Student and local nonprofit groups are making waves as they bid for the latest round of Shoreline Protection Fund grants for environmental research and local restoration projects.
SPF funds student projects aimed at keeping the local ocean and beaches clean, healthy and safe. Groups and individuals are invited to submit applications for grant money toward a variety of projects that will improve the quality of the beaches.
Created at UCSB in 1999 by a campuswide lock-in vote, SPF has about $96,000 remaining for projects this year. The organization has received $38,000 worth of requests for Winter Quarter already and will continue to fund many projects begun last quarter.
Scott Bull, the grant manager for SPF, said at the beginning of every quarter, SPF receives applications for funding projects of over $500, but also accepts applications for projects of less than $500 throughout the year.
A seven-member student board reviews the applications and awards money to those projects it considers most worthwhile and cost-effective.
Bull said SPF spent $45,000 on 15 projects last quarter including funding for an on-campus water testing program, a shoreline preservation research and writing course, and several beach restoration internships.
One of SPF’s latest and most popular programs, Beachsweep, invites local nonprofit groups to gather at least 25 members and devote several hours to picking up trash along the beach on Del Playa. In return, the groups receive $250 toward their cause.
“Students can participate in keeping their beaches clean and raise money for their organization,” Bull said.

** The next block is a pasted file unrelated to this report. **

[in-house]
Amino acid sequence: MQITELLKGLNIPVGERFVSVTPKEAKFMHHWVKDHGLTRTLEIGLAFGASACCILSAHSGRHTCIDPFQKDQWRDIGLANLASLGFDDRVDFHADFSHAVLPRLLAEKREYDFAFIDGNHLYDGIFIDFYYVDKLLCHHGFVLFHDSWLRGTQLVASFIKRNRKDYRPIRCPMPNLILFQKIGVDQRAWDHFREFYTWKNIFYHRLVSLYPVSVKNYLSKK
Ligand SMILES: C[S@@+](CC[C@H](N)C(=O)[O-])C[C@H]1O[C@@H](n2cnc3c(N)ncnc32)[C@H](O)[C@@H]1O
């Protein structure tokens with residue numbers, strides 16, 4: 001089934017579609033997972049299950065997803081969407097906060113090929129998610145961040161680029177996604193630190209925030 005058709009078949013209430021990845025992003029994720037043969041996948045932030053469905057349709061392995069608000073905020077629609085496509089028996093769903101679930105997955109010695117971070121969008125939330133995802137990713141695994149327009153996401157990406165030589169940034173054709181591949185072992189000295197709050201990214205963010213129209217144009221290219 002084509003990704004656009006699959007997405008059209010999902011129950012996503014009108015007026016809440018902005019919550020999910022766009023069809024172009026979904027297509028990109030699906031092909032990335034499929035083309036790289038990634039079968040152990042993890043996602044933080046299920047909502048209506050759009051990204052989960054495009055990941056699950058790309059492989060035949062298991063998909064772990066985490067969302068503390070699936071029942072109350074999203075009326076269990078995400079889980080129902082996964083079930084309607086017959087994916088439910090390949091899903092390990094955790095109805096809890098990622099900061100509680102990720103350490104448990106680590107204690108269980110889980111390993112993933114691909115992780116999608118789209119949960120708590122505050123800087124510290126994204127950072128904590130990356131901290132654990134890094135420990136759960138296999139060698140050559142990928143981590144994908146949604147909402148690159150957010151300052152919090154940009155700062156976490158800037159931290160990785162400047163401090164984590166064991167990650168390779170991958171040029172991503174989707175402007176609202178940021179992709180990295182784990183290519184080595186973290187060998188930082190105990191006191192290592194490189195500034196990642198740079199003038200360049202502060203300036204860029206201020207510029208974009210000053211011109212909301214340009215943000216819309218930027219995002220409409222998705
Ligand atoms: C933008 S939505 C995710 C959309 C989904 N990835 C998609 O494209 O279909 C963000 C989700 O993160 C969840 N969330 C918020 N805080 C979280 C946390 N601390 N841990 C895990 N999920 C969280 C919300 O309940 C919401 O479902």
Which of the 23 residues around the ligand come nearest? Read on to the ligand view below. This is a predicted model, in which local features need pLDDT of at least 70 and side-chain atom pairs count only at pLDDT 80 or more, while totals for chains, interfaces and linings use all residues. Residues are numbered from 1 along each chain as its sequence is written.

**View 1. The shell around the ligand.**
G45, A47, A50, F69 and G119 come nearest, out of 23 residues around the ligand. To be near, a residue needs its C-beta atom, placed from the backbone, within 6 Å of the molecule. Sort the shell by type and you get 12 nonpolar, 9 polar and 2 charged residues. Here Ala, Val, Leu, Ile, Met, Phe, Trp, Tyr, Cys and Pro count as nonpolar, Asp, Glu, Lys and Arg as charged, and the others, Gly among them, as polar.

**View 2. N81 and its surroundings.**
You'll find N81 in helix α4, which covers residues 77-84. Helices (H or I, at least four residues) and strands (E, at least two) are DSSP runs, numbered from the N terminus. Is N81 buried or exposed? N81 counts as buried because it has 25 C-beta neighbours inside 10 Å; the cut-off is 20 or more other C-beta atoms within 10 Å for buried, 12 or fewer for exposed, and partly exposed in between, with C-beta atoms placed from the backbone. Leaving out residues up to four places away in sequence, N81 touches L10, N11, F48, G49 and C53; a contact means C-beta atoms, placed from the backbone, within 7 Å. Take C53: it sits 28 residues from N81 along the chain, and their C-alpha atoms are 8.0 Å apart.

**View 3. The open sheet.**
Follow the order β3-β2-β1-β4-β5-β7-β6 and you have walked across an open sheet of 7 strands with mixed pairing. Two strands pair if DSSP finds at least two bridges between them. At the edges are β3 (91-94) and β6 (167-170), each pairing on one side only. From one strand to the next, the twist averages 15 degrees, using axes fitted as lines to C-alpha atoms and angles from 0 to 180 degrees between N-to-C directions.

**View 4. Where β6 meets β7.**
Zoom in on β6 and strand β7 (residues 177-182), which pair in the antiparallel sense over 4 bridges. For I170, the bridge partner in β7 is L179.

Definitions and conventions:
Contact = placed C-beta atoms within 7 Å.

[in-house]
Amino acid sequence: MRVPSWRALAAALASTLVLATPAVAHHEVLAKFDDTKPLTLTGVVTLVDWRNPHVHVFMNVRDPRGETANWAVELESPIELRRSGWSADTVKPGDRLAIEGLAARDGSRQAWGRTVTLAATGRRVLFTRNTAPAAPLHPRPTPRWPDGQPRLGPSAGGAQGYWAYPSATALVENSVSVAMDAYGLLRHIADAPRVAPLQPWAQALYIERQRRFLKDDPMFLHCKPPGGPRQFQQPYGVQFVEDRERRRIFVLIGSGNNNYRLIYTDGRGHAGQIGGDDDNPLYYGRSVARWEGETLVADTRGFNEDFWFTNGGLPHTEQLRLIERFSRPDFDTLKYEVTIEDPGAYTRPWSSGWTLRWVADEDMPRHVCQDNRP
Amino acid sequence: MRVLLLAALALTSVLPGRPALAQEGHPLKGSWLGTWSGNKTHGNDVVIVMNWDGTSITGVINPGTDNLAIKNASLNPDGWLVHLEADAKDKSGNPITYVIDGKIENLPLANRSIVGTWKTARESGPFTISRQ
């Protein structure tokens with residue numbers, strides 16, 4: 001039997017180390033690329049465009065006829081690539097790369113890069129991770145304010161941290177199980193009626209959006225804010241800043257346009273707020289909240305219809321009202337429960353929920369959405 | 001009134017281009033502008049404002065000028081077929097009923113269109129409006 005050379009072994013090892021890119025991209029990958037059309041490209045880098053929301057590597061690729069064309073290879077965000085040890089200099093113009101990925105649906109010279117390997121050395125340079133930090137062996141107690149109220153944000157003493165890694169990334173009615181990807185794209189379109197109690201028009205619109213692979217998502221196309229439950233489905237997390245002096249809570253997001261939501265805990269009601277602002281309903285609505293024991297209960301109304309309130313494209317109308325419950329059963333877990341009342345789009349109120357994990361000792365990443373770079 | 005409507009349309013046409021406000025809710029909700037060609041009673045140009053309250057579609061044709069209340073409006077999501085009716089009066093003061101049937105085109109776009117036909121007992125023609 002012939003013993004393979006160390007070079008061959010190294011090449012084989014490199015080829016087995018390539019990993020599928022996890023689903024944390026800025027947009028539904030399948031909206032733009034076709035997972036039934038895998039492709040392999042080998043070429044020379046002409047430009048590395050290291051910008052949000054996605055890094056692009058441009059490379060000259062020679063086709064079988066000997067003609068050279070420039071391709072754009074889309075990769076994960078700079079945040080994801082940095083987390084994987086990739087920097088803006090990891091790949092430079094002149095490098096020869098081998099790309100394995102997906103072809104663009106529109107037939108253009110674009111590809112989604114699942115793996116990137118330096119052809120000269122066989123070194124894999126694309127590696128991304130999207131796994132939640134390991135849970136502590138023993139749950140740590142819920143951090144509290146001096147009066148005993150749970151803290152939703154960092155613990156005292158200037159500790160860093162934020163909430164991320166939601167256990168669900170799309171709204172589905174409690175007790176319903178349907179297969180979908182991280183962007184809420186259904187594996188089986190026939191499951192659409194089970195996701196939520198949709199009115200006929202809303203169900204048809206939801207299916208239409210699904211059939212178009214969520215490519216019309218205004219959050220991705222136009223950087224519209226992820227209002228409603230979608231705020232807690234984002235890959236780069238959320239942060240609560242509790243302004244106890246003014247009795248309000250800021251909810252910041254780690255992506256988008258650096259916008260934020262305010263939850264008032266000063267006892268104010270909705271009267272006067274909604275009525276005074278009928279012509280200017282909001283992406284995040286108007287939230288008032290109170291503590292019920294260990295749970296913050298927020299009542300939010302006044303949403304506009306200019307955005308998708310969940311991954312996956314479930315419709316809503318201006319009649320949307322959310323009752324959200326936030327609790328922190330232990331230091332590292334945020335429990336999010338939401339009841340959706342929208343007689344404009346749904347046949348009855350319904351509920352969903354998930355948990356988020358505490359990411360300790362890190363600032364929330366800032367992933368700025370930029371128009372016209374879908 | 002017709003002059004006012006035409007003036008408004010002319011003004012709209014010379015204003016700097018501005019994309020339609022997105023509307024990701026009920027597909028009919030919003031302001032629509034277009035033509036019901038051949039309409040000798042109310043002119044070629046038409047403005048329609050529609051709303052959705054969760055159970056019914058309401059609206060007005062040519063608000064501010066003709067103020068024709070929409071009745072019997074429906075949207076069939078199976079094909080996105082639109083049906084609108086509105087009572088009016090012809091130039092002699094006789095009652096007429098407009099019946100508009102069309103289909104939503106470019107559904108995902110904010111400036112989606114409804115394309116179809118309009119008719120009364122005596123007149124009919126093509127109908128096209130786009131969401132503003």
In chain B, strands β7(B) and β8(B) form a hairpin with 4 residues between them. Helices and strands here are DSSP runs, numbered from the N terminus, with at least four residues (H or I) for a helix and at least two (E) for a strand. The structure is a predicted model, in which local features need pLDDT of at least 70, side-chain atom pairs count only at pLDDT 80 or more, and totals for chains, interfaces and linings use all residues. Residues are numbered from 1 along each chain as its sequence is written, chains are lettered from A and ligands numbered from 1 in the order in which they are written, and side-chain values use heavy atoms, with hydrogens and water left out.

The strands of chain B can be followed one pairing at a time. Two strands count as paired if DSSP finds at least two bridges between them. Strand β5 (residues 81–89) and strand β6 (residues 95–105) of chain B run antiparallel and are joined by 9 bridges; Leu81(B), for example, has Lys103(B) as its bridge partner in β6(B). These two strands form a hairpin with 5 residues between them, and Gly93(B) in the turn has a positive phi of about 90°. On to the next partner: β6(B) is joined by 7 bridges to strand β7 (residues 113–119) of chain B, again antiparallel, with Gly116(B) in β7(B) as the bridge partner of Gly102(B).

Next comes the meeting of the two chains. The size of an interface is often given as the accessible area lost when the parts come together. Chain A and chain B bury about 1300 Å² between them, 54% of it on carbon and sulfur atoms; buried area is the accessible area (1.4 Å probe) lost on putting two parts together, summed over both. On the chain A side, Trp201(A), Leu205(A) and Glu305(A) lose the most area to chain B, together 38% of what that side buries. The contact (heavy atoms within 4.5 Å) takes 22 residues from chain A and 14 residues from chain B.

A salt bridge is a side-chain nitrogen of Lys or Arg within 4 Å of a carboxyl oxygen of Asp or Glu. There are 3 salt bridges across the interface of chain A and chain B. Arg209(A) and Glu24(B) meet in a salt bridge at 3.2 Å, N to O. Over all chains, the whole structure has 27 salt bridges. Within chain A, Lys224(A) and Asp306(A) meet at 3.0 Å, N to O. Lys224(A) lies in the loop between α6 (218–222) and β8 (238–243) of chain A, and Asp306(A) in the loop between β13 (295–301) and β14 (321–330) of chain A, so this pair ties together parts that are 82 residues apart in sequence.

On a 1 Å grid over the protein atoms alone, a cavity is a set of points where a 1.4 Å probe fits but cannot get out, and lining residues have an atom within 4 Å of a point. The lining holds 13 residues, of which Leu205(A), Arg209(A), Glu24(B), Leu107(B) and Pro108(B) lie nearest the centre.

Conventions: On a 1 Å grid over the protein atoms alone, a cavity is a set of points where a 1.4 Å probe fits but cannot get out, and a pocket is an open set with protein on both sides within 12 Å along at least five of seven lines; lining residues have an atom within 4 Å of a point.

Bull said with 22 groups already lined up to do beach sweeps in the next two months, it is clear the program is motivating students to work to improve the community.
“This quarter alone we’ve had the highest number of groups wanting to get involved ever,” Bull said.
Many organizations have already participated in the program, including the UCSB scuba club, which collected underwater trash and brought it to shore last quarter.
Matt Stadler, a graduate student in the Bren School of Environmental Science and Management, participated in a group cleanup of Del Playa in January. He said he was especially concerned about the amount of cigarette butts he found on the ground.
“There were millions of them everywhere,” he said. “Those things go straight down the [storm] drains and right onto the beach.”
His group managed to fill 15 large black garbage bags with remnants of weekend Del Playa partying.
“It really opens your eyes,” he said.
The 25 students who worked as a part of his team plan to use their $250 to buy California pollution credits so that polluting companies wanting to purchase them in order to increase their pollution rights will not be able to do so.
SPF also granted $14,000 to form the environmental sciences and biology shoreline preservation research and writing class. The class is taught by Miriam Polne-Fuller and brings in local experts to discuss coastal issues and projects relevant to the community.
Bull said that SPF also funds internships that are open to UCSB students, including several that focus on the restoration of local beaches.
“[The students] remove nonnative, invasive plants and plant local species,” Bull said.
In April, SPF plans to hold a concert in Isla Vista. Environmental groups and speakers will be invited to speak about more ways that students can get involved with the environmental maintenance of their community.
Paul Colbert, chair of the Isla Vista Surfrider Foundation, said the Blue Water Task Force Ocean Water testing program was awarded $6,493 last quarter to purchase equipment for a new on-campus laboratory.
He said student volunteers sample beach water from Campus Point to Sands Beach in order to look for certain types of bacteria and verify that the water is meeting current health and safety standards. They hope their results will be published on the Surfrider website, in local newspapers and on television screens in the UCen.
“We want to get the word out about the water quality,” Colbert said.